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HEREDITY AND DEVELOPMENT: SECOND EDITION 142 9. Genes can be transferred from one homologous chromosome to another by crossing over. This process is a normal part of meiosis. Crossing over seems not to occur in some instances—for example, in the male of Drosophila. Genes can also be transferred to non-homologous chromo- somes by translocations. 10. Every gamete receives one chromosome of each homologous pair. This distribution of chromosomes to the gametes is a matter of chance. Thus, each type of chromosome in every pair of homologous chromosomes will be distributed to 50 per cent of the gametes. In the case of males with XO sex chromosomes, half of the gametes will receive no sex chromosome at all. This is a complication, though not an exception, to the rule as stated. 11. The distribution to the gametes of the chromosomes of one homologous pair has no effect on the distribution of the chromosomes of the other pairs. There are, however, a few cases known in which the chromo- somes enter the gametes in specific groups. 12. Fertilization consists of the random union of male and female gametes, each with one chromosome of every homologous pair. Therefore, the zygote receives one chromosome of each homologous pair from its father and one from its mother. Once again, some sex chromosomes, as in XO males, introduce a complication to this general rule. 13. When the cells of an organism contain two different alleles of the same gene (heterozygous condition), one allele (the dominant) has a greater phenotypic effect than the other (the recessive). In most cases of this sort the heterozygote appears to be identical with individuals homozygous for the dominant alleles. In a few exceptional cases, the heterozygotes are intermediate in appearance between the homozygous dominant and homozygous recessive types. 14. Genes produce their effects through the production of chemical sub- stances, which in turn control the biochemical reactions of the cell. A fruitful hypothesis, though unproved before 1940, was that each gene controls the production of a specific enzyme, which in turn controls a specific biochemical reaction. From these simple propositions one can deduce most of the phenomena of classical genetics. Once the concepts of transmission genetics had been established, geneti- cists turned to three other major problems. Some who wished to understand better the role of genes in evolution went on to revolutionize evolutionary biology, but their discoveries will not be discussed here. The other major problems were: What is the gene? How does it act? The ‘what is it?’ question will be continued in the next chapters; the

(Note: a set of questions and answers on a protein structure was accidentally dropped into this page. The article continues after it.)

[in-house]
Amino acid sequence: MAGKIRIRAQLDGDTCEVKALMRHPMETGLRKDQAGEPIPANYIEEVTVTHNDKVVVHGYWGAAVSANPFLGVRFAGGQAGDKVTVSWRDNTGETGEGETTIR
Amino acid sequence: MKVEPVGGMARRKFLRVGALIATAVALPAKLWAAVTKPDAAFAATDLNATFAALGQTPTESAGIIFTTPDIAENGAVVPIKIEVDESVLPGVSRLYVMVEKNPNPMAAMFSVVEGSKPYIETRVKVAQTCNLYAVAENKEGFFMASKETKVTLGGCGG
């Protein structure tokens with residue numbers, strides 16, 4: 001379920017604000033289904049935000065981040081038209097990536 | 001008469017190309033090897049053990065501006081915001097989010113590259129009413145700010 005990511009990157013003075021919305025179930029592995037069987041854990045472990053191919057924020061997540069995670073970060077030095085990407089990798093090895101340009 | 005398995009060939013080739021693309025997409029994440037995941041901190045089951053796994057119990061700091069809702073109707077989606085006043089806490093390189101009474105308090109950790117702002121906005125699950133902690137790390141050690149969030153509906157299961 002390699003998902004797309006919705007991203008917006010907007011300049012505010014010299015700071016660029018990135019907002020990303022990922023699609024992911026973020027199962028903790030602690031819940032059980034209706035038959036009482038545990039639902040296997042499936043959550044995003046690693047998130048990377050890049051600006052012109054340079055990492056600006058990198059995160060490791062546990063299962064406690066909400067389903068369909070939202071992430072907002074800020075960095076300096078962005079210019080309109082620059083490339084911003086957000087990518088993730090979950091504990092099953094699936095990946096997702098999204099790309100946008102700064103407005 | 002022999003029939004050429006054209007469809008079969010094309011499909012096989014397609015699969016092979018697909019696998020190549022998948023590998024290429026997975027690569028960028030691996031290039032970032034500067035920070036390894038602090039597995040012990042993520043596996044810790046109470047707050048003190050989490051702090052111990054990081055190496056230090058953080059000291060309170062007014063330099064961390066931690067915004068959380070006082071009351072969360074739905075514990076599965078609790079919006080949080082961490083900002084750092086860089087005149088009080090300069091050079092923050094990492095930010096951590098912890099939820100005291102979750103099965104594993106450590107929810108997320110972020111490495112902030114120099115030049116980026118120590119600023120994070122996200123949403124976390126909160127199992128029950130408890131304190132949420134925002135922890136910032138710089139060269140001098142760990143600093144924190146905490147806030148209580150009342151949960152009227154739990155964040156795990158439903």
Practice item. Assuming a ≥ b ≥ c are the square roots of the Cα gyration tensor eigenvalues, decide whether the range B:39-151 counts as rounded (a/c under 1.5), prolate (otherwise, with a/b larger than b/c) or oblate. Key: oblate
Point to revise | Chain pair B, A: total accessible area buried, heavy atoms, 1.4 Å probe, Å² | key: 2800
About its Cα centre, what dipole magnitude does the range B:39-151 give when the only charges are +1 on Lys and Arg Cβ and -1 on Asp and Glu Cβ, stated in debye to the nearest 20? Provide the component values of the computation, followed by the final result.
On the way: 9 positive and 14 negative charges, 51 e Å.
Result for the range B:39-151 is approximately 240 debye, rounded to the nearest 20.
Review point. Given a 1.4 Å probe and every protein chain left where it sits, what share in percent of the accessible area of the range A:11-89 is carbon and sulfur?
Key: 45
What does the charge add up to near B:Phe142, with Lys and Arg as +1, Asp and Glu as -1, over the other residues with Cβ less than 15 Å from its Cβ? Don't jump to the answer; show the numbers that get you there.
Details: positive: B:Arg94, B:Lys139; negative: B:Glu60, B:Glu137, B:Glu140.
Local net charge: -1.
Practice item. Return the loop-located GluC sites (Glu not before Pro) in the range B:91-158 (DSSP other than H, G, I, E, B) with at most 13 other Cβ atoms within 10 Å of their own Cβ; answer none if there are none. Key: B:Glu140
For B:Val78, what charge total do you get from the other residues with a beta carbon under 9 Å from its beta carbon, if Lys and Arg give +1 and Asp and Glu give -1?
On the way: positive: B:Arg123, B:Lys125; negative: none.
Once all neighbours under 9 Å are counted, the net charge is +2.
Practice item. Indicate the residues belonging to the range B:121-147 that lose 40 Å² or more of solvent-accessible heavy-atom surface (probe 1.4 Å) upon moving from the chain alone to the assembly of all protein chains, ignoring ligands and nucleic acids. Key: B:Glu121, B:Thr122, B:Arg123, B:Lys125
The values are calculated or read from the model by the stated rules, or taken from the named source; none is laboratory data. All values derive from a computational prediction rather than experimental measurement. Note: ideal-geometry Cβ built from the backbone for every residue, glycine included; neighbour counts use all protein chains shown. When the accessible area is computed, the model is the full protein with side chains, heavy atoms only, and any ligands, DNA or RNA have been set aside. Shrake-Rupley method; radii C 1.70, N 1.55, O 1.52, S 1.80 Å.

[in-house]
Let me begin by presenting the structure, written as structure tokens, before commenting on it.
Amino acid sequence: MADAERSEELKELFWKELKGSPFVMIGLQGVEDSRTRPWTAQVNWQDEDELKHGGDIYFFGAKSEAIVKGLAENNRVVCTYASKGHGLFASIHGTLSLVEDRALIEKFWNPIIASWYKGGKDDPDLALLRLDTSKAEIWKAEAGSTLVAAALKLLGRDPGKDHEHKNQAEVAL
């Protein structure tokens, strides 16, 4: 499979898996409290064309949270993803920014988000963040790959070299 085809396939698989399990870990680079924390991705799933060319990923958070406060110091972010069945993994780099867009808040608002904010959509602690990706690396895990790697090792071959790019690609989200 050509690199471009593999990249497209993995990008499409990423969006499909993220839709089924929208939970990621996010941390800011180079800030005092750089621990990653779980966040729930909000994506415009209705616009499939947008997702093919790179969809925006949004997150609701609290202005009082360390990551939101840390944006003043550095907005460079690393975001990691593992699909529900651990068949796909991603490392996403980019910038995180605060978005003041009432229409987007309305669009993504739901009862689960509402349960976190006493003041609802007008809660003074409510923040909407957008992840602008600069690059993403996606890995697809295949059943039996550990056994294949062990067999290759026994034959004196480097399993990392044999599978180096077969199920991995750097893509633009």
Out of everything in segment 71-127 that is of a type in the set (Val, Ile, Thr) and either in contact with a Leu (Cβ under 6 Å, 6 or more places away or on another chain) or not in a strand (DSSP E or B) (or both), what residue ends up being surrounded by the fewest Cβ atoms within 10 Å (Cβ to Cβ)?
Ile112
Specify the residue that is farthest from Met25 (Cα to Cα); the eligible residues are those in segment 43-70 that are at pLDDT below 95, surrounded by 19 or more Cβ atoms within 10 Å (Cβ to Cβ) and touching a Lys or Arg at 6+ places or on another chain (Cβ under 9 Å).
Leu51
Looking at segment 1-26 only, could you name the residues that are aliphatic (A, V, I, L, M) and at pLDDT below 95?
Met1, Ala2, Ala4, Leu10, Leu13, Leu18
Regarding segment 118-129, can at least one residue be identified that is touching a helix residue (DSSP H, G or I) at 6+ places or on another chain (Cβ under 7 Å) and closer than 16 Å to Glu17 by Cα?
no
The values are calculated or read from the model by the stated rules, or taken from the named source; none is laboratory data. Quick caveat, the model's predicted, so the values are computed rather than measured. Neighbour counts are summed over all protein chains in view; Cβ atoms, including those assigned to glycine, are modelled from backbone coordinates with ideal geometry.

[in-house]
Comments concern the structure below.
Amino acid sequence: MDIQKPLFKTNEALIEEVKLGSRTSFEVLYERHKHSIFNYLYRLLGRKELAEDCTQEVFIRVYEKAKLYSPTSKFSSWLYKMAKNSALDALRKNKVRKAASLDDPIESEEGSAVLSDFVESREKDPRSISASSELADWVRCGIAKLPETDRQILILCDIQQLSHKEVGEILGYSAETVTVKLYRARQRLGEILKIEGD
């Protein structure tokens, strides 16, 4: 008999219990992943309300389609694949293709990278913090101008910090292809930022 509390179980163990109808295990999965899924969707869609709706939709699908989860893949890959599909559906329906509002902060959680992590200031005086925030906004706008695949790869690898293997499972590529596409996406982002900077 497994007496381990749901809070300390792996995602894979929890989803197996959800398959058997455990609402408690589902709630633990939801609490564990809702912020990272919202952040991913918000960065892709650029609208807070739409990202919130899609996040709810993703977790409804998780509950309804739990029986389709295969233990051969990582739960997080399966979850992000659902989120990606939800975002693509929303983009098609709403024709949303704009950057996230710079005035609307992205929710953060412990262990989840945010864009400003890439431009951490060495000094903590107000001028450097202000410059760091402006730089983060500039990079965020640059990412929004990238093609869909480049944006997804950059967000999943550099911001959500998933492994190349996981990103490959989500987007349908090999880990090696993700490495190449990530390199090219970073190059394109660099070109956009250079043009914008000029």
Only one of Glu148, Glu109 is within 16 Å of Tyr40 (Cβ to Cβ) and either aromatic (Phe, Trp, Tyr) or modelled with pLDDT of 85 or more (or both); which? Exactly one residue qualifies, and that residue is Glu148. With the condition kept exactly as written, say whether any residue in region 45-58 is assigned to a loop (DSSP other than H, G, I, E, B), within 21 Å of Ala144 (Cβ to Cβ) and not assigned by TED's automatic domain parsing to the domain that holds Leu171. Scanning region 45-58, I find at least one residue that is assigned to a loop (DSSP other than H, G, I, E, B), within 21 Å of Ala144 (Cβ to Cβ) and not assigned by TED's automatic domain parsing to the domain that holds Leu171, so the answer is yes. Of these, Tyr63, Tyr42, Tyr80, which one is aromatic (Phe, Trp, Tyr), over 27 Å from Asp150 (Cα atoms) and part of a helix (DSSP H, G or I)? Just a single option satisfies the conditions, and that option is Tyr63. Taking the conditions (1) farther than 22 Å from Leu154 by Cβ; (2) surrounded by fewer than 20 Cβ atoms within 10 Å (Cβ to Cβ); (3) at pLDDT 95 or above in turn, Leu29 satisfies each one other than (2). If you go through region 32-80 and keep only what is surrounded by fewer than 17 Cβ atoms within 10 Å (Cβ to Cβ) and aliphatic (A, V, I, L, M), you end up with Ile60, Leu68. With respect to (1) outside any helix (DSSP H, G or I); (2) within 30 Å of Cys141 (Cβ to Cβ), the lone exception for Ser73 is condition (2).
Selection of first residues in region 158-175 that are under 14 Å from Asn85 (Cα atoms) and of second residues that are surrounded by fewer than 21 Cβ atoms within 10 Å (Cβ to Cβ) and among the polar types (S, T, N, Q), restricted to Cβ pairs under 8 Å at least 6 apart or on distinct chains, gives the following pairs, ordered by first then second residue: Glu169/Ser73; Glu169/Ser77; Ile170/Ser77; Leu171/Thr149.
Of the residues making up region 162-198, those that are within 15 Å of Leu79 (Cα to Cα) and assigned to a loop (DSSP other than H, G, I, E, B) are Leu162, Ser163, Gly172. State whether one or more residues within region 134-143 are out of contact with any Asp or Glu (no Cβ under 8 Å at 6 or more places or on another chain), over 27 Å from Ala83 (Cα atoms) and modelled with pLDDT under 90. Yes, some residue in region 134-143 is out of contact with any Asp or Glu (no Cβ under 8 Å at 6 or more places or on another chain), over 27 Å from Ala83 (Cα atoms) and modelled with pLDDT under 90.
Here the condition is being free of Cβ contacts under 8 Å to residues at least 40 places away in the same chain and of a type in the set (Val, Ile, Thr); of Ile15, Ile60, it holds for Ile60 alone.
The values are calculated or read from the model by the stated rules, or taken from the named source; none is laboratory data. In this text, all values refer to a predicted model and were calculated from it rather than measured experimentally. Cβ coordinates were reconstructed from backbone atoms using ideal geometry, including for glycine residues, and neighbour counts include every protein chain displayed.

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HEREDITY AND DEVELOPMENT: SECOND EDITION 143 ‘how does it act?’ question will start now and continue in the next chapter. Inborn Errors of Metabolism. In man there is a rare disease—affecting about one in a million—known as alkaptonuria. It makes its presence known very early, since afflicted babies stain their diapers. The urine of these babies contains a substance known as homogentisic acid (or alkapton), which becomes dark red or black when oxidized. The disease is benign, although in later life it may be associated with arthritis. An English physician, Archibald E.Garrod (1857–1936), noticed that the parents of these children were often first cousins and he speculated about the possibility of the disease being inher- ited. He consulted Bateson, who in 1902 suggested that the available data could be understood if one assumed that alkaptonuria is caused by a recessive gene. This was the first Mendelian recessive discovered in man. Garrod recognized alkaptonuria as a genetic disease and spoke of it as an ‘inborn error of metabolism.’ He suggested that individuals with alkap- tonuria lack an enzyme. This enzyme is present in normal individuals where it converts homogentisic acid to simpler substances, which are excreted in normal urine. In the absence of the enzyme, therefore, the urine contains homogentisic acid. Normal individuals, and heterozygotes, are able to pro- duce the enzyme. Thus Garrod hypothesized that one of the things that genes can do is to make enzymes. Neither Garrod nor alkaptonuria is mentioned in any of the books written by the Morgan school in the years of active discovery. Morgan and many other geneticists were adamant in ignoring hypotheses they could not test. As he expressed it: ‘It is the prerogative of science, in comparison with the specu- lative procedures of philosophy and metaphysics, to cherish those theories that can be given an experimental verification and to disregard the rest, not because they are wrong, but because they are useless.’ There was very little that Morgan and his school could cherish in the hypothesis ‘genes control the production of enzymes’—the techniques of biochemistry were too poorly developed. Beadle, Tatum, and Neurospora. By the late 1930’s, George W.Beadle (born 1903) with two associates, first Boris Ephrussi (born 1901) and later Edward L.Tatum (born 1909), thought the time ripe to make a vigorous attempt to discover how genes act. Somehow the genes must produce or con- trol the production of molecules and the interactions of these molecules must result in the phenotypic expression of the genes. It was impossible to think of gene action in any other way; but how could one possibly get at the problem? Every cell has thousands of